var thisEleObj = new Object();
    if(typeof array == "object"){
        for(var i in array){
            var thisEle = convArrToObj(array[i]);
            thisEleObj[i] = thisEle;
        }
    }else {
        thisEleObj = array;
    }
    return thisEleObj;
}
console.log(convArrToObj(array));

Results: Recursive Array to Object

  • Works really well. Thanks – Hanmaslah Jan 26 '17 at 7:33
  • This should be higher up, if you have ['a' = '1', 'b' = '2', 'c' = '3'] and want it like {a: 1, b: 2, c: 3} this works perfect. – Wanjia Jul 23 '17 at 15:17
2
.reduce((o,v,i)=>(o[i]=v,o), {})

[docs]

or more verbose

var trAr2Obj = function (arr) {return arr.reduce((o,v,i)=>(o[i]=v,o), {});}

or

var transposeAr2Obj = arr=>arr.reduce((o,v,i)=>(o[i]=v,o), {})

shortest one with vanilla JS

JSON.stringify([["a", "X"], ["b", "Y"]].reduce((o,v,i)=>{return o[i]=v,o}, {}))
=> "{"0":["a","X"],"1":["b","Y"]}"

some more complex example

[["a", "X"], ["b", "Y"]].reduce((o,v,i)=>{return o[v[0]]=v.slice(1)[0],o}, {})
=> Object {a: "X", b: "Y"}

even shorter (by using function(e) {console.log(e); return e;} === (e)=>(console.log(e),e))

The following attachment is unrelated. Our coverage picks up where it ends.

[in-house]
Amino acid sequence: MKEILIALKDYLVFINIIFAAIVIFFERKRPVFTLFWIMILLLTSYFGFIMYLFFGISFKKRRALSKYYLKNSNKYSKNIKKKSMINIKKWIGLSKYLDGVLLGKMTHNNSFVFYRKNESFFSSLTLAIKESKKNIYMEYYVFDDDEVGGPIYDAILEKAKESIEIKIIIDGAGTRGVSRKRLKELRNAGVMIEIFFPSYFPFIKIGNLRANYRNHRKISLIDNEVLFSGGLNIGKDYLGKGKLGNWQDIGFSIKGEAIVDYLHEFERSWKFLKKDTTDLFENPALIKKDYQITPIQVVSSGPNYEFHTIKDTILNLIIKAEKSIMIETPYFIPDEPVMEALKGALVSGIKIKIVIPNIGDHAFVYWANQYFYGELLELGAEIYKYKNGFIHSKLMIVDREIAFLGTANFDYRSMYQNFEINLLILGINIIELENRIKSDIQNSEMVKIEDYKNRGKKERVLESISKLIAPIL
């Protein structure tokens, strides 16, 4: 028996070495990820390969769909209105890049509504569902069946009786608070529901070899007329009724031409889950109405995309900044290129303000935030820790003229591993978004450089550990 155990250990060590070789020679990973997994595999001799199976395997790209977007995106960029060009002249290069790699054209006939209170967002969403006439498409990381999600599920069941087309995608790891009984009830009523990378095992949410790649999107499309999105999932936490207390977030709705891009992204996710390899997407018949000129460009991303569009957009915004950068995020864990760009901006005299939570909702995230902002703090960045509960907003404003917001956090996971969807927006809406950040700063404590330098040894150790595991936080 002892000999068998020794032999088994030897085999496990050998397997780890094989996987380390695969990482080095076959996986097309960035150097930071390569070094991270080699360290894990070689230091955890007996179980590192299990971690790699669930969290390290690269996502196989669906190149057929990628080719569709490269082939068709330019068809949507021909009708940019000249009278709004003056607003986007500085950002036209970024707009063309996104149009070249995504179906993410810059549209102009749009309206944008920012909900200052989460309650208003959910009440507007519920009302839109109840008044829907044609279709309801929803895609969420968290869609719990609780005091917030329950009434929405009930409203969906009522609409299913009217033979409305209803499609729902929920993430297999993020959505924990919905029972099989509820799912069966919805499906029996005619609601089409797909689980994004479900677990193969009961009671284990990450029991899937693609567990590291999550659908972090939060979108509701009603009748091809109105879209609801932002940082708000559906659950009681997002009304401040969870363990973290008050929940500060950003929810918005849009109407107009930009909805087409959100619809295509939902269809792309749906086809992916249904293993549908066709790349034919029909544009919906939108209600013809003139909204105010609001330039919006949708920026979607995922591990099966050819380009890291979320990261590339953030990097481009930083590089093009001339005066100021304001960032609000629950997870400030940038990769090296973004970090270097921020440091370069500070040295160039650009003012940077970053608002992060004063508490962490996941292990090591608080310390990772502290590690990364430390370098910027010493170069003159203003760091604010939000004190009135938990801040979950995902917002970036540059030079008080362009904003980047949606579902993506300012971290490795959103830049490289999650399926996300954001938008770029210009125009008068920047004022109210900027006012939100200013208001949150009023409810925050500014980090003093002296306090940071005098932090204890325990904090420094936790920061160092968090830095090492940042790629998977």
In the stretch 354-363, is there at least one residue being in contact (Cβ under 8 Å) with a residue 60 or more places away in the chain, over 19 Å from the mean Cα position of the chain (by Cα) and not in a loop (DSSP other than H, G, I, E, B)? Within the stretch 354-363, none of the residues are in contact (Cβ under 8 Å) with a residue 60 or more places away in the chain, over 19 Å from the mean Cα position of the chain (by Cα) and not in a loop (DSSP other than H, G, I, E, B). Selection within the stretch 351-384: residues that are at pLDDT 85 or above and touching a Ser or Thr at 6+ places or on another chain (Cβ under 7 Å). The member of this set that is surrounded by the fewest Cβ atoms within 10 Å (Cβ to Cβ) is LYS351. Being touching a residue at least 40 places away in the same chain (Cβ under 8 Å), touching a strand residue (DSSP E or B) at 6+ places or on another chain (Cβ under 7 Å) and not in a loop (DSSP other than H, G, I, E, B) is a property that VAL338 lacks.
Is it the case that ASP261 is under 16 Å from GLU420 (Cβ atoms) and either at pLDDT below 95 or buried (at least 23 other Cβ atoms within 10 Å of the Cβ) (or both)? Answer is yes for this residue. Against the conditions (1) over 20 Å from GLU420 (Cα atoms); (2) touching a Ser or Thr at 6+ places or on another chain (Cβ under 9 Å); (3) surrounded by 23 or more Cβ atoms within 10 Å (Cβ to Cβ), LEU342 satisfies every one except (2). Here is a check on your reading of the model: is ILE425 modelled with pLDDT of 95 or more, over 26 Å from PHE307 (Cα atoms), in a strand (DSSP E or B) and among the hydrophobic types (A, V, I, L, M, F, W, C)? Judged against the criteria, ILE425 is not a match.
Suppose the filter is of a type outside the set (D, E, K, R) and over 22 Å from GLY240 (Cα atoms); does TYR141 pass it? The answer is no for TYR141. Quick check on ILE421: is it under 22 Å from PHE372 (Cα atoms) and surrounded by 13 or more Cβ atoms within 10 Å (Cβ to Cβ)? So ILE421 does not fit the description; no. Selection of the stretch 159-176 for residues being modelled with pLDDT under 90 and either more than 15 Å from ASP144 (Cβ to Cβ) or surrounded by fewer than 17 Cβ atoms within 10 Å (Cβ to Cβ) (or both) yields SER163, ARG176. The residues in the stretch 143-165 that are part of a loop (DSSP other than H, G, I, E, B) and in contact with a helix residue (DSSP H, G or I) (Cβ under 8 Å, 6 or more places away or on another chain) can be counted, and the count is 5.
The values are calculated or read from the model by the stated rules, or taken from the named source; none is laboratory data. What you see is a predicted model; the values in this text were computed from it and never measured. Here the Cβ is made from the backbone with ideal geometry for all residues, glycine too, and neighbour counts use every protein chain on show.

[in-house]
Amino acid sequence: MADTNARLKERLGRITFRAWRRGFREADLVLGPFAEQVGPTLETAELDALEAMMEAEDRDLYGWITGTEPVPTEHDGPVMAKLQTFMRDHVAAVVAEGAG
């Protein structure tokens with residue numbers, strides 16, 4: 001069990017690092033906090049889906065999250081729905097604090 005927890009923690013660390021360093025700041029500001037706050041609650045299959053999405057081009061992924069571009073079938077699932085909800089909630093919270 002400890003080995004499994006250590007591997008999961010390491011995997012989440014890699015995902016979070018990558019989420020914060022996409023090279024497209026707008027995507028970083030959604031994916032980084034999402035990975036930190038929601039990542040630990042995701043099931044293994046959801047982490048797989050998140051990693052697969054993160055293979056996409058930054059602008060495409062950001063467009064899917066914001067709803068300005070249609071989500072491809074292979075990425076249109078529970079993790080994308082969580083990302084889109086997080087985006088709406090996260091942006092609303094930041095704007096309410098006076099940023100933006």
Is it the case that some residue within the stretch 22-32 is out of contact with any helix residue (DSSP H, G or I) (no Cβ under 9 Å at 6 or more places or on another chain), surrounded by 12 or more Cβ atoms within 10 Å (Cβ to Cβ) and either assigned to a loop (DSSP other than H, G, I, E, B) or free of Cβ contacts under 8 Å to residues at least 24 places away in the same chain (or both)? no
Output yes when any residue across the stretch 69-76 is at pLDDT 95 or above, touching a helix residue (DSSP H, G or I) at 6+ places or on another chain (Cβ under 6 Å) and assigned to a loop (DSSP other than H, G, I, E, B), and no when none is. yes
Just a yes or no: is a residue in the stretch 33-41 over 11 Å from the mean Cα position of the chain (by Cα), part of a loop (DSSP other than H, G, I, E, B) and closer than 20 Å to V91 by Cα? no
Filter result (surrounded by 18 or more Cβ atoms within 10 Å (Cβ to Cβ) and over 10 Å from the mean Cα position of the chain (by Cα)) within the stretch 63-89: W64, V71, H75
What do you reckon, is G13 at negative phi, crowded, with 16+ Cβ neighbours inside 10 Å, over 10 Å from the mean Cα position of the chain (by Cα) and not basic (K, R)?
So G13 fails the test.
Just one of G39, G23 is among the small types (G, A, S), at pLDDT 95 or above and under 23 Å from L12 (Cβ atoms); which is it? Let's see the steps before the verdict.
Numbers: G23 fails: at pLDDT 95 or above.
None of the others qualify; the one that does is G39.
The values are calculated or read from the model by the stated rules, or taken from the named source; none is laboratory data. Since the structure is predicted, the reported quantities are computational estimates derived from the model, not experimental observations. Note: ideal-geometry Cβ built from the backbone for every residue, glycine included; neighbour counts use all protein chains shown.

 nodejs
> [[1, 2, 3], [3,4,5]].reduce((o,v,i)=>(o[v[0]]=v.slice(1),o), {})
{ '1': [ 2, 3 ], '3': [ 4, 5 ] }

[/docs]

  • What did you intend with [/docs]? It would be more useful to make the code snippets executable. – Dan Dascalescu Apr 3 at 23:00
2

If you can use Map or Object.assign, it's very easy.

Create an array:

const languages = ['css', 'javascript', 'php', 'html'];

The below creates an object with index as keys:

Object.assign({}, languages)

Replicate the same as above with Maps

Converts to an index based object {0 : 'css'} etc...

const indexMap = new Map(languages.map((name, i) => [i, name] ));